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All about tuberculosis tuberculosis transmission causes of tuberculosis risk factors for tuberculosis symptoms of tuberculosis diagnosis of tuberculosis treatment for tuberculosis prevention of tuberculosis

What's the treatment for tuberculosis?

In infected individuals it is usually used in combination with other antituberculosis drugs such as rifampin, pyrazinamide, and ethambutol. Tuberculosis drugs have to be taken regularly, typically for 6 to 12 months. Many patients abandon their treatment when they feel better; similarly, preventive treatment is often abandoned because of the inconvenience. Such noncompliance is believed to be the main reason for the upsurge in drug-resistant strains of the tuberculosis bacilli, many

of which are resistant to more than one drug. Drug-resistant tuberculosis is difficult to treat and has a much higher death rate. The combination drug rifater (rifampin, isoniazid, and pyrazinamide) has simplified drug administration. Directly observed treatment, where health-care workers watch patients take each dose of medicine, has proved effective in eliminating the problem of noncompliance in the United States, but monitoring has been less effective in many other parts of the world.

For patients with disease due to drug resistant organisms, expert consultation from a specialist in treating drug resistant tuberculosis should be obtained. Patients with drug resistant disease should be treated with a minimum of two or three drugs to which their organisms are susceptible. It is presently unknown whether preventive therapy can effectively prevent the development of active tuberculosis disease in people who are infected with MDR-TB strains. Immunocompromised people who are infected with MDR-TB are currently being treated with two to three drugs to which the strain is likely to be susceptible.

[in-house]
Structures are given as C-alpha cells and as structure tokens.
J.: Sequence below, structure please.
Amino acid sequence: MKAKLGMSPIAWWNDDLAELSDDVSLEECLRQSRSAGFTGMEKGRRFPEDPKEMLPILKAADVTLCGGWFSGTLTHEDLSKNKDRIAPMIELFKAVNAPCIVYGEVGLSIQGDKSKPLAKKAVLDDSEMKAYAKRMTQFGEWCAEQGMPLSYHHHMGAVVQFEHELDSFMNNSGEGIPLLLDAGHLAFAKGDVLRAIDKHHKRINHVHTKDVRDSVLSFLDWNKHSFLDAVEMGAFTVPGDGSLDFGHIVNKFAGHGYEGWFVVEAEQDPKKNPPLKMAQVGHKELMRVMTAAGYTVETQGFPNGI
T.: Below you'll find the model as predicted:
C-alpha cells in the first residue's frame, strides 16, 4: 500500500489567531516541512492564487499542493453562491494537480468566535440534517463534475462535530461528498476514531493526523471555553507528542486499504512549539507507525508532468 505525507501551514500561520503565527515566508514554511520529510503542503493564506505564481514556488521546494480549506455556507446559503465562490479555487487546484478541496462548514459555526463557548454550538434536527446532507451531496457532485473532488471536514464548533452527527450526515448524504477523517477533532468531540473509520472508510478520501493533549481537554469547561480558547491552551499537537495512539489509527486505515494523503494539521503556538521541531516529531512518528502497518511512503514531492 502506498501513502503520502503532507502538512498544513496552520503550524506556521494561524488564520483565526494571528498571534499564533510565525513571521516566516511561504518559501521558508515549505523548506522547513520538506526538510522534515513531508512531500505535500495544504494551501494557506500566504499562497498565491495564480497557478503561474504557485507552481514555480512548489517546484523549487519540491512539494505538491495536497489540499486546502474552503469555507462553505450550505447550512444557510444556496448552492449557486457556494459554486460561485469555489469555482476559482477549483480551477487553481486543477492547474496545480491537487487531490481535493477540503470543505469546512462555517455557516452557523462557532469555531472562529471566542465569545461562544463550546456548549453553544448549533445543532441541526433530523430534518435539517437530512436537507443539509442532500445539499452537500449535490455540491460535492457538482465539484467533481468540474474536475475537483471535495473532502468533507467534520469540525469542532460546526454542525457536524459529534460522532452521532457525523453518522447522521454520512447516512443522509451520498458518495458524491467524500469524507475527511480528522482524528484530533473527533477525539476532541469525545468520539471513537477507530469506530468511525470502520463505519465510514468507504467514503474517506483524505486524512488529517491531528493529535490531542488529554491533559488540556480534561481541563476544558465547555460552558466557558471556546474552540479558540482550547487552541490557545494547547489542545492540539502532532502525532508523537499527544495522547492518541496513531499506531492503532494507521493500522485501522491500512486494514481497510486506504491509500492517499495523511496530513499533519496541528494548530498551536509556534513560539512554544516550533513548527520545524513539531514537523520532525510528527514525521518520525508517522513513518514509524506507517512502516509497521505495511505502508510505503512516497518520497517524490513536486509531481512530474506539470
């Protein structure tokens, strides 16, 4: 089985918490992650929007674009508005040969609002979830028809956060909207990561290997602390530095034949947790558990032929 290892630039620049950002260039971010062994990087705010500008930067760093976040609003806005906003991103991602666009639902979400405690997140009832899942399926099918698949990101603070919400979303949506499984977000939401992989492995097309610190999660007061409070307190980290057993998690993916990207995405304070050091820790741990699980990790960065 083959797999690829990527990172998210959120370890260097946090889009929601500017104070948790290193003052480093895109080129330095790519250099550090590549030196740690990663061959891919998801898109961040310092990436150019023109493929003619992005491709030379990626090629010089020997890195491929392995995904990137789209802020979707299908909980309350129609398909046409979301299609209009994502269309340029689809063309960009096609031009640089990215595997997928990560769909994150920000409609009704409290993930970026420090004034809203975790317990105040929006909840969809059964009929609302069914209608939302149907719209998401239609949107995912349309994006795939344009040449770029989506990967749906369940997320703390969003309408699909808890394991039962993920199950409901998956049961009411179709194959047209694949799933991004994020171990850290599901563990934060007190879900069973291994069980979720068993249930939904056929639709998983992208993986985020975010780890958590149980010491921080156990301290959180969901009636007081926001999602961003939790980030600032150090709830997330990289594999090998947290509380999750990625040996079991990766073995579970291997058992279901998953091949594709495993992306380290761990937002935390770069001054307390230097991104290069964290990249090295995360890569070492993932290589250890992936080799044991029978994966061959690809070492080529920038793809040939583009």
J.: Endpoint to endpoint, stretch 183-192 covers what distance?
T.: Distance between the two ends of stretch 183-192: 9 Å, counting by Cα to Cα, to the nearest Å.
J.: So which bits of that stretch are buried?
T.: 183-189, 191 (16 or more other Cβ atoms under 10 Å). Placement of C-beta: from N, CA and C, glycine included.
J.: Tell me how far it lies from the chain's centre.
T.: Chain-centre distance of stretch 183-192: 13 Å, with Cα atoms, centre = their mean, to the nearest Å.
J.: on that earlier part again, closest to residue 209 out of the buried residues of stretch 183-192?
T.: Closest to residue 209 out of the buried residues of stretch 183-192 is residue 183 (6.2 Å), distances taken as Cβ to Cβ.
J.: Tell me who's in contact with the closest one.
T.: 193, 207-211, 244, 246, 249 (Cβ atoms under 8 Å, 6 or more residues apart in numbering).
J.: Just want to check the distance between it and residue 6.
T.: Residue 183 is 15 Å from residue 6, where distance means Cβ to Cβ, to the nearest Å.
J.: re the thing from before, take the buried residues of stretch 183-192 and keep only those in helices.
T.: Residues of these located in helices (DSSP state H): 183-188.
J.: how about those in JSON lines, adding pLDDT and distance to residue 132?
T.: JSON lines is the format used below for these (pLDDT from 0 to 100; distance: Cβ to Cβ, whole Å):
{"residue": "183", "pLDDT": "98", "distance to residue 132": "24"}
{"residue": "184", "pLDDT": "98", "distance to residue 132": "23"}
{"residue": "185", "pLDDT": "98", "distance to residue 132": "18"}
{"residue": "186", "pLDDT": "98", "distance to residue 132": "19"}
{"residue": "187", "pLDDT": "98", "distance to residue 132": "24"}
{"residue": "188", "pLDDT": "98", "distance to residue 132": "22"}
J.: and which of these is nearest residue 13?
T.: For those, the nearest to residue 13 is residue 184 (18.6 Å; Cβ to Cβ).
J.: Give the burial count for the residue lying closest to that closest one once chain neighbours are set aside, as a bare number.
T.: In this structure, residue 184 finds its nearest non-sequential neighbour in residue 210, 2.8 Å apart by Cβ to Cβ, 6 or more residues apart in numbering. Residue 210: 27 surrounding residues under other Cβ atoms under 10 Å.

Surgical treatment of tuberculosis may be used if medications are ineffective. There are three surgical treatments for pulmonary tuberculosis: pneumothorax, in which air is introduced into the chest to collapse the lung; thoracoplasty, in which one or more ribs are removed; and removal of a diseased lung, in whole or in part. It is possible for patients to survive with one healthy lung. Spinal tuberculosis may result in a severe deformity that can be corrected surgically.

More information on tuberculosis

What is tuberculosis? - Tuberculosis (TB) is a contagious, wasting disease characterized by the coughing up of mucus and sputum, fever, weight loss, and chest pain.
How is tuberculosis transmitted? - Tuberculosis is spread through air droplets which are expelled when persons with infectious TB disease cough, sneeze, speak, or sing.
What causes tuberculosis? - Tuberculosis is caused by the bacterium Mycobacterium tuberculosis. Transmission occurs only from persons with active TB disease.
What're the risk factors for tuberculosis? - Tuberculosis is more common in elderly persons. The risk of tuberculosis increases when the immune system is unhealthy.
What are the symptoms of tuberculosis? - Symptoms of tuberculosis include cough, sputum, bleeding from the lungs, fever, night sweats, loss of weight, and weakness.
How is tuberculosis diagnosed? - Diagnosis of tuberculosis includes a medical history, a physical examination, a tuberculin skin test, a chest X-ray, and microbiologic smears and cultures.
What's the treatment for tuberculosis? - Directly observed treatment is effective in eliminating the problem of noncompliance. Surgical treatment of tuberculosis may be used if medications are ineffective.
How to prevent tuberculosis? - Preventive measures for tuberculosis include strict standards for ventilation, air filtration, and isolation methods. Preventive antibiotic treatment may have to be given.
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